The Fifth Core Class
Reading Mike Schmoker’s book, Focus, made me take some time to reflect on what we in K-12 education call the “core curriculum.” For most of us, this term indicates a course of study that incorporates Math, Science, English Language Arts, and Social Studies. As I spent time thinking about the future our students are likely to face, I spent some time wondering about if the current “core” had grown outdated in light of the globalized, technology driven world that is emerging as our new reality.
After some time, I realize that the current core curriculum we have is still worthwhile and offers multiple opportunities for integration of technology. There is a value to math (problem solving), Science (inquiry and experimentation), English Language Arts (reading, writing, thinking, speaking), and Social Studies (civic education so our students can be active citizens) that make them worthwhile for students to learn. As I have written about in earlier post, the notion of flipped learning, or incorporating other technologies into our core curriculum will better engage students and prepare them for their future, which will include technology no matter what they choose to do.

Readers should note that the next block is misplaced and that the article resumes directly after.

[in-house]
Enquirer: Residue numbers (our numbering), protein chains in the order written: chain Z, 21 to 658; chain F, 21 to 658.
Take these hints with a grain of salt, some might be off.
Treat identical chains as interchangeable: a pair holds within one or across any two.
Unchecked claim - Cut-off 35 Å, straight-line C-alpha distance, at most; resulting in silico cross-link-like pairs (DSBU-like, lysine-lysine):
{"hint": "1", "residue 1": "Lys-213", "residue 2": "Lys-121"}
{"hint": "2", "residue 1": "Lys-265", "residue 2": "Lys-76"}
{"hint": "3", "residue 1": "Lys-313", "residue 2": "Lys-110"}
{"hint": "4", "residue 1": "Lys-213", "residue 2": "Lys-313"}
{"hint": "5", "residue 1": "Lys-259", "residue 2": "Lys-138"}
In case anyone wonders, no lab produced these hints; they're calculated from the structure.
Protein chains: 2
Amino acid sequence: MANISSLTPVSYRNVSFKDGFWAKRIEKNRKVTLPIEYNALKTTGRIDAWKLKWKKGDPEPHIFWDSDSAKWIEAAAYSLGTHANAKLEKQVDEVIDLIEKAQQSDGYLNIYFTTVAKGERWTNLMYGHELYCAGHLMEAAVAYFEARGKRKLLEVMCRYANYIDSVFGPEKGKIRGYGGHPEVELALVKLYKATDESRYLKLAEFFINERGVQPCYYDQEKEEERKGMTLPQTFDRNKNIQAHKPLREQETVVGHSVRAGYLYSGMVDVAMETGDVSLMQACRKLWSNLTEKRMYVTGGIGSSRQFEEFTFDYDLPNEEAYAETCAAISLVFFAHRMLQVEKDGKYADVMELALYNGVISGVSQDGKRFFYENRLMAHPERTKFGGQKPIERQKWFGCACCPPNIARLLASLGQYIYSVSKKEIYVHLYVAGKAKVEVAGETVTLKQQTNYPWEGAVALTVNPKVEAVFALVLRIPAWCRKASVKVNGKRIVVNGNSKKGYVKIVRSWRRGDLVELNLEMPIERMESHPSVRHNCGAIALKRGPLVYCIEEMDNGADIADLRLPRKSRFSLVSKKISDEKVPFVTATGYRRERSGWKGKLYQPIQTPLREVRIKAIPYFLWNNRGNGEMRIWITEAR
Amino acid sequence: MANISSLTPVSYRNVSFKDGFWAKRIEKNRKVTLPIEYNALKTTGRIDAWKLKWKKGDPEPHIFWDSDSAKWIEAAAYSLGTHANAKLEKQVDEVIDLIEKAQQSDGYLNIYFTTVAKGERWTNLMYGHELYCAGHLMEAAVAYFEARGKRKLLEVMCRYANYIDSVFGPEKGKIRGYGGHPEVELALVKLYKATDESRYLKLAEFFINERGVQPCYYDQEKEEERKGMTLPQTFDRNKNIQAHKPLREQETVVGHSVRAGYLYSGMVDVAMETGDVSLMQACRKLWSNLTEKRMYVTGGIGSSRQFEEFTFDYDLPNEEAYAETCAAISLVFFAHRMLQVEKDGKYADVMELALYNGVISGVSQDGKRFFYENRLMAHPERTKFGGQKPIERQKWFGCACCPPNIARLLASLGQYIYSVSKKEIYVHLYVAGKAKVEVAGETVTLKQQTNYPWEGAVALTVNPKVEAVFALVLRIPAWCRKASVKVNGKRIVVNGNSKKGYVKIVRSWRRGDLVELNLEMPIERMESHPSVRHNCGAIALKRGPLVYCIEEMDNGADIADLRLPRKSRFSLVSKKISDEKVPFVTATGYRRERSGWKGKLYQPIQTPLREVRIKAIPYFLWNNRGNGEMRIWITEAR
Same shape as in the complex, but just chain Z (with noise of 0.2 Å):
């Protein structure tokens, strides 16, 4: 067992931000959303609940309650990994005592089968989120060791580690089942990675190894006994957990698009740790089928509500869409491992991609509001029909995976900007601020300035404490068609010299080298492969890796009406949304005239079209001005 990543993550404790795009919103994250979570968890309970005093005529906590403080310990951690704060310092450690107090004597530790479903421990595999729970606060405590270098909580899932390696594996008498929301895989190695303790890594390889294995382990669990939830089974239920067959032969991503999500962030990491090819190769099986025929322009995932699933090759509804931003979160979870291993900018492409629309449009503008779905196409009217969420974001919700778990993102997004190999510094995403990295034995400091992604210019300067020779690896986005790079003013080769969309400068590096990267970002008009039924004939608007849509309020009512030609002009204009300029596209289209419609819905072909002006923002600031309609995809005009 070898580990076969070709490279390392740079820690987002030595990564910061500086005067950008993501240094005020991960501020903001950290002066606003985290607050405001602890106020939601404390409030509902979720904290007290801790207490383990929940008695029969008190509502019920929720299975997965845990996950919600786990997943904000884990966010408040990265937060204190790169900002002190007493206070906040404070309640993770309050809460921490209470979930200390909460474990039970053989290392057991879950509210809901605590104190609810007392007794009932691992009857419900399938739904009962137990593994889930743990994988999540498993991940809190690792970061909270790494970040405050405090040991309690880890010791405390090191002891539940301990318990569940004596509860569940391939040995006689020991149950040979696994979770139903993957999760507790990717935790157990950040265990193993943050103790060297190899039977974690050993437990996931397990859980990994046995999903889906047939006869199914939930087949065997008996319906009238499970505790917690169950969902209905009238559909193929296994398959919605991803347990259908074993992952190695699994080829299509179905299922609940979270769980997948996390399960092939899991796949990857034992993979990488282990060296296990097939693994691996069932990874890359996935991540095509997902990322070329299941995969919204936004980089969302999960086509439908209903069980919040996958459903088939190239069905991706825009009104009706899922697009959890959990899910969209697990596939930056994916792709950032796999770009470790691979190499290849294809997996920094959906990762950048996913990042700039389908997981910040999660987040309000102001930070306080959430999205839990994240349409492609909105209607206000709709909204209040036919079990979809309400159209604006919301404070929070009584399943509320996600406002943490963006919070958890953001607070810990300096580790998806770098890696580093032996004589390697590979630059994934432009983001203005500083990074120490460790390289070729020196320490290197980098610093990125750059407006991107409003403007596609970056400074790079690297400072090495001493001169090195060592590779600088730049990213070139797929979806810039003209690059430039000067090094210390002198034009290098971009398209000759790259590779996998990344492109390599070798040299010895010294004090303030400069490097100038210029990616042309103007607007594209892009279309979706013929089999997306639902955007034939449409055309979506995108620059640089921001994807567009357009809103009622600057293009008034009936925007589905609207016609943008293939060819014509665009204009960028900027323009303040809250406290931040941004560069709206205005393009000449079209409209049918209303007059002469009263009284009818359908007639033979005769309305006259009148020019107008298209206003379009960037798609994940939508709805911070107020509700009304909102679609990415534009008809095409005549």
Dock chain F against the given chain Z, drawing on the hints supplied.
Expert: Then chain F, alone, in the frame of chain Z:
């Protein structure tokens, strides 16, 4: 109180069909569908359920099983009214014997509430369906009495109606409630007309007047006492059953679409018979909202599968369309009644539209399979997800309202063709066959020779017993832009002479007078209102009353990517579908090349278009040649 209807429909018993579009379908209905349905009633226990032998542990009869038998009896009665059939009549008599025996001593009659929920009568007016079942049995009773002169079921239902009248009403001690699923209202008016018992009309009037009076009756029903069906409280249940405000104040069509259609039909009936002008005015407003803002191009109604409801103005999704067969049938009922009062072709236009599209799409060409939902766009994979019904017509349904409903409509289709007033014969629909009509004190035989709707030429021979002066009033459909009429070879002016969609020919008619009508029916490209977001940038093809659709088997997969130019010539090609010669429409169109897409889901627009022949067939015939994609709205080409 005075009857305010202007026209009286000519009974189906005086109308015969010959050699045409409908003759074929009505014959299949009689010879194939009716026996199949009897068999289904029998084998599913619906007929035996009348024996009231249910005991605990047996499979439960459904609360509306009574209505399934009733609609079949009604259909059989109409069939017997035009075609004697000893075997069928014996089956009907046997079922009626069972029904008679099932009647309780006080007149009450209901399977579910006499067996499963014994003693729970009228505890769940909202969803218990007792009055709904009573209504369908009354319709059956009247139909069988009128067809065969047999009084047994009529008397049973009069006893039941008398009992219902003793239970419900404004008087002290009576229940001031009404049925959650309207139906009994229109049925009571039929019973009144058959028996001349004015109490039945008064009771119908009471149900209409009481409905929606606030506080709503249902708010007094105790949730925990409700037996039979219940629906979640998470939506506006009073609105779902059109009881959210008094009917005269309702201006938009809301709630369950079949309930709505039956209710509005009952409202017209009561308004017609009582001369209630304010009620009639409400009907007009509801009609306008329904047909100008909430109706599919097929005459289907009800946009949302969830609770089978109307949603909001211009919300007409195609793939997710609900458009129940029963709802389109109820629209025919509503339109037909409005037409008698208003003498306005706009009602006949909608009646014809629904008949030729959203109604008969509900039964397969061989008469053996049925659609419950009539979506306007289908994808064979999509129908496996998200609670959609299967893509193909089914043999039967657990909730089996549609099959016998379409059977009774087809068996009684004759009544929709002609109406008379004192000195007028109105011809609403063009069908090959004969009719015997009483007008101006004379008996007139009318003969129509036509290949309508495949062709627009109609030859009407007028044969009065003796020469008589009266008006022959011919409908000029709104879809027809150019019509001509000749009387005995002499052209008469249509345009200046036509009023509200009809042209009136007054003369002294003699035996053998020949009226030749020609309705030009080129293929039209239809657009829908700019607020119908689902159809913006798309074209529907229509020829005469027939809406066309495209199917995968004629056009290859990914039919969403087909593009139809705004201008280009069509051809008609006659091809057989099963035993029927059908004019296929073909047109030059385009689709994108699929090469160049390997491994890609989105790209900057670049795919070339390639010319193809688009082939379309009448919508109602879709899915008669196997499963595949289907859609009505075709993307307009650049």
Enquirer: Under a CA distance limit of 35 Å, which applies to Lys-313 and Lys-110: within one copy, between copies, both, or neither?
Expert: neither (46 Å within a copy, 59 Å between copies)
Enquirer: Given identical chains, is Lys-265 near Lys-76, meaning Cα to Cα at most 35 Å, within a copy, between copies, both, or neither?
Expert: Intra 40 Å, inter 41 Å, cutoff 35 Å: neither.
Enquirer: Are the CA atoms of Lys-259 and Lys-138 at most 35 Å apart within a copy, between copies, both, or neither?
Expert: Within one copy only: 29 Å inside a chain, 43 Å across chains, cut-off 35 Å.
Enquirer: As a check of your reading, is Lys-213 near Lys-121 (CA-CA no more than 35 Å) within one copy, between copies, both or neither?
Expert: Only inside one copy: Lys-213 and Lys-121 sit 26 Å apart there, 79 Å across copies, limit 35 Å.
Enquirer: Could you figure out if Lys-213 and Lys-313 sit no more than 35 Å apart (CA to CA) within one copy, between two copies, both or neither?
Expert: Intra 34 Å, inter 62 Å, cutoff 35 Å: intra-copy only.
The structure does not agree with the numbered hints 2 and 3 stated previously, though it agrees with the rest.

Realizing that our “core curriculum” is still effective, I also think there is room for expansion. I propose that world language become the fifth core class, required for students from Kindergarten through 9th grade, and then offered as an elective option for the remainder of a student’s time in school. In light of economics and population projections, Spanish, Chinese, and German should be offered as a minimum starting point. I can also see that there are regional needs (such as French) that would lead to district needing to add offerings. World Language instruction is more effective when it begins at an early age. In addition, learning a second language teaches a skill that will allow students to grow up an even learn a third, or even fourth language. This skill will make our graduates more marketable when competing for jobs, and potentially give them more opportunities in the future.
As it stands now, we don’t do an adequate job of teaching world languages. There are amazing, creative teachers in these programs, that do a lot with their students. We need to give them more time to really develop a program, not just one or two years of mandatory instruction followed by time as an elective offering.
We have taken some steps to say that world language education is important, in some states, it is now a requirement for graduation. That said, we have not come far enough, we need more time learning these skills, meaning it is high time to expand the “core curriculum.”